Wednesday, May 28, 2014
Civic Engagement thinking Globally
This year there are many elections going on. Some of them include but not limited in its entirety to U.S. midterm elections, E.U. Parliament elections, Indian elections, Scotland voting whether or not to stay apart of the U.K. or not, and others. With that it is said that in a democratic society, one of the simplest and most important acts of civil engagement. I will give that statement credit for the importance of it, but simplest, not so much. Yet, is it simple? When the Scottish vote to stay apart of the U.K., there are some things they need to consider. Whether or not they will need join the U.N., the E.U., whether or not their economy can stand on its own, their military, essentially could their country hold up on its own or not, and what help could they get, but with that what level of sovereignty would they be willing to give up? The Indian election they would need to figure out who will best lead the country of over 1.2 trillion people. Then the European elections will determine who will determine one of the governing bodies of nearly 30 countries that take some research to determine who will govern more than half of the countries that were the major players in both WWI and WWII. This requires research to determine who can work with who and who will decide to do what is best for Europe. Example on how this is important, was it the best idea for the E.U. bail out Greece a few years back? Each country has their own interests and the voters need to determine the best way to balance them .
Speaking of trying to balance their vastly different interest that brings me to the U.S. midterm elections. In the U.S. elections, I fear we do not research things nearly enough. Many people feel if they are Conservative they should vote Republican, and if they are Liberal should vote Democrat. They repeat what their candidate says without even thinking about what their candidates actually said. So, for roughly the past five years Republicans have said they hate Obamacare and Democrats have said they love Obamacare. Yet, if some Republicans look at it, they will like something about it. If Democrats really looked at it, there would be somethings they didn’t like about it. Why? They are politicians, they are people and they do not everything perfectly. Yet it passed, so there must be something to it. So at the end of the day, we really do not fully understand the issues, or the answers because we listen our side and not the other. With that said all of the other elections I listed above, have the same problems. Any election with partisan cheerleaders or cheer leaders for specific people will have the problems. So, anyone who reads this if you are voting in the previously listed elections or one I missed, do me a favor play devil’s advocate, you may change your mind. Also do some research, so you know people actually have reasons for voting for the other side. Also, do not vote if you have not done research, just since you were told it is a great idea. You are not helping anything. In fact you are canceling out the votes of the people who took the time to learn about the issues.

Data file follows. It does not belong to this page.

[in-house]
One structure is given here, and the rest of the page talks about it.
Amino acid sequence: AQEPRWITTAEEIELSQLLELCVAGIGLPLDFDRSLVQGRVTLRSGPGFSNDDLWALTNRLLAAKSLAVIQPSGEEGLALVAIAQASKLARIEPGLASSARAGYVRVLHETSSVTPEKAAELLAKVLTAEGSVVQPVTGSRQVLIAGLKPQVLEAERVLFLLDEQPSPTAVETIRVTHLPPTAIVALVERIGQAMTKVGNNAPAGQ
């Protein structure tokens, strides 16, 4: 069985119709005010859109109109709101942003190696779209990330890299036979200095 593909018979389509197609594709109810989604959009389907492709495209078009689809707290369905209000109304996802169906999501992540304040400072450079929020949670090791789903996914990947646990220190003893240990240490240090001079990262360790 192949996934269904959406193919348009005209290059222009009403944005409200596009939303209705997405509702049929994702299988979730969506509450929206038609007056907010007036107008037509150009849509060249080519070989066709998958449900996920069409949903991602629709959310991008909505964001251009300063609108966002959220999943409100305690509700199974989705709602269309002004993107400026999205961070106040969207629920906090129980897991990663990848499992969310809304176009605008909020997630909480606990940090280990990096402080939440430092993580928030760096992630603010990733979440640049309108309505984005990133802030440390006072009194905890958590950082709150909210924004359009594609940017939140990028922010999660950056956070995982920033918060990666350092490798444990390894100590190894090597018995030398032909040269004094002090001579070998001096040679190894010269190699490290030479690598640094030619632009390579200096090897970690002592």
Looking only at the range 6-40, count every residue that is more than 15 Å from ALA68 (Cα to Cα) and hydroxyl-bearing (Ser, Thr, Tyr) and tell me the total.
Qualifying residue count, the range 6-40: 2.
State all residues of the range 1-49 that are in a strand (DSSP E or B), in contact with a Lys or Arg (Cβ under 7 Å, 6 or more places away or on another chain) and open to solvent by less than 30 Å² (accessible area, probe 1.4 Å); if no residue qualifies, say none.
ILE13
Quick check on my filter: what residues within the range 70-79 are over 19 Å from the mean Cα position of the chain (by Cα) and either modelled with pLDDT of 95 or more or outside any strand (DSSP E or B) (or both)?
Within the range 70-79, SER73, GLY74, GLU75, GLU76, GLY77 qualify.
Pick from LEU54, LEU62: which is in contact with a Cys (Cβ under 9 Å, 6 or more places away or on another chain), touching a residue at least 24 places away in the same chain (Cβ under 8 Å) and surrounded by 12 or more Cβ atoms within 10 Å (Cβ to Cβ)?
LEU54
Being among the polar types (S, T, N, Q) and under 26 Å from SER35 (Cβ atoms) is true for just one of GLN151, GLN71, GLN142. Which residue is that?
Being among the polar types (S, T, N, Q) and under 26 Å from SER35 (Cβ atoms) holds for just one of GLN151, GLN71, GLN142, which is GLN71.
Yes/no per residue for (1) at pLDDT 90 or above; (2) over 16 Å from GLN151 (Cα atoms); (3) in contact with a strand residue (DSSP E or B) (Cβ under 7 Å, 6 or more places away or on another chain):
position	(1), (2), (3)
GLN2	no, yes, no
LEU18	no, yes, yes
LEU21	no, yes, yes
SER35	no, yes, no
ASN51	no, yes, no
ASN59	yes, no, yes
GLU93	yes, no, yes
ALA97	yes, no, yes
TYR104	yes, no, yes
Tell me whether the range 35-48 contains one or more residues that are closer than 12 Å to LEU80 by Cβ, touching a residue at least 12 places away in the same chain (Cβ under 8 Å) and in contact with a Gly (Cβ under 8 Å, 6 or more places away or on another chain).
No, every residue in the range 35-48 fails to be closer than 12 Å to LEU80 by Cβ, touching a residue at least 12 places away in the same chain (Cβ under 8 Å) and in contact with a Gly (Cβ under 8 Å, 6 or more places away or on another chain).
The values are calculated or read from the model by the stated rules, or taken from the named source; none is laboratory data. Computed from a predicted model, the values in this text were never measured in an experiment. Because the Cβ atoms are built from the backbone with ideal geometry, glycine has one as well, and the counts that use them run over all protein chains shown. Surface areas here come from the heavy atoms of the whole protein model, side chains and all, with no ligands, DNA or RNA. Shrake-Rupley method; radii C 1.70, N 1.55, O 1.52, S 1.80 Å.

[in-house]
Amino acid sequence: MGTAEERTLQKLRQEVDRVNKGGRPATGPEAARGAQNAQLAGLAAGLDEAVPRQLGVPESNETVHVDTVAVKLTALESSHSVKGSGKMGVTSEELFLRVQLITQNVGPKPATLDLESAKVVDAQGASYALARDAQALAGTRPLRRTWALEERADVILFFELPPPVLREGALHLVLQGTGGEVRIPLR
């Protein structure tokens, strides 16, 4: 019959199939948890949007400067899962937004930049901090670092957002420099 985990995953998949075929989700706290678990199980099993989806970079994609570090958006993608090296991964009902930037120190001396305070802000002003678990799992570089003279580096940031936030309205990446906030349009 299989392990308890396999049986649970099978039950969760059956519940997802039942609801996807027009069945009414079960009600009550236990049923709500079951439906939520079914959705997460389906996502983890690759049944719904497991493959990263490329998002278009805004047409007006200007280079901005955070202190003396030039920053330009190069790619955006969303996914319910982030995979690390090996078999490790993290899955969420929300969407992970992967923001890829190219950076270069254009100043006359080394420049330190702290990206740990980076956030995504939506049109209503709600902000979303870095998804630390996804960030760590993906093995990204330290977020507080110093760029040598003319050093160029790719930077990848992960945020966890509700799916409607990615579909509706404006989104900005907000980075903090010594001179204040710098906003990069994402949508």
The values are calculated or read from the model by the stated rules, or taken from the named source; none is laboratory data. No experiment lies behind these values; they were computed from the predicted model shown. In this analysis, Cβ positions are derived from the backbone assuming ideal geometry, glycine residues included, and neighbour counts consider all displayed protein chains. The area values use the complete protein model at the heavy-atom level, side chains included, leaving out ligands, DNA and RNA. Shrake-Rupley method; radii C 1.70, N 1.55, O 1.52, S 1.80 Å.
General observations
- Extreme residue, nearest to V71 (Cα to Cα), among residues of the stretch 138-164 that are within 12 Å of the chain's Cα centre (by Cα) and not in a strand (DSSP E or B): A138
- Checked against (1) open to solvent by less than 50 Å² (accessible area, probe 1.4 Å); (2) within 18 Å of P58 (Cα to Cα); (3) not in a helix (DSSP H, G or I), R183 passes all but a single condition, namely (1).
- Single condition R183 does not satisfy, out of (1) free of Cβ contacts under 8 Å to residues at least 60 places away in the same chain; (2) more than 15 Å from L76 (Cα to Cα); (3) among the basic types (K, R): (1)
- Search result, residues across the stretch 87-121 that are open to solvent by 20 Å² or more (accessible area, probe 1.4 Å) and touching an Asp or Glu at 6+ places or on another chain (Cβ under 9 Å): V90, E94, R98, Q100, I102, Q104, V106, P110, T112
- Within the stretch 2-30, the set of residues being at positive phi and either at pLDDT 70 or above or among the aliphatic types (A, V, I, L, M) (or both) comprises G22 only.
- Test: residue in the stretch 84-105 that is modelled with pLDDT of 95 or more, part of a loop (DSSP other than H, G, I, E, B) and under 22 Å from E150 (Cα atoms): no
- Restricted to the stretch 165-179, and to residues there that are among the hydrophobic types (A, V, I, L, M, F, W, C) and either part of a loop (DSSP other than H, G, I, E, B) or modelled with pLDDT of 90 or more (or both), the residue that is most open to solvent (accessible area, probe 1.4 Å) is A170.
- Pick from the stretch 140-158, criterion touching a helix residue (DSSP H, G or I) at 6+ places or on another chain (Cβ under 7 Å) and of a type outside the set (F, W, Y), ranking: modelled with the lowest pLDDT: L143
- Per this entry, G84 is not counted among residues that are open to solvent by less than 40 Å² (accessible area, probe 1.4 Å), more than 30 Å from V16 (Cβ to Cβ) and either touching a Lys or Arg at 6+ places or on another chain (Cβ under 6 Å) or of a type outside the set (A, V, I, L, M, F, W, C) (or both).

For the record, this assignment post was to be on advancement of civil engagement while thinking about being a global citizen. I personally think the best way to be civilly engaged as a global citizen is through thoughtful elections. Why, since if citizens of an area are going to be judged by their elected officials then we need elected officials who make wise decisions for their people and on behalf of their people.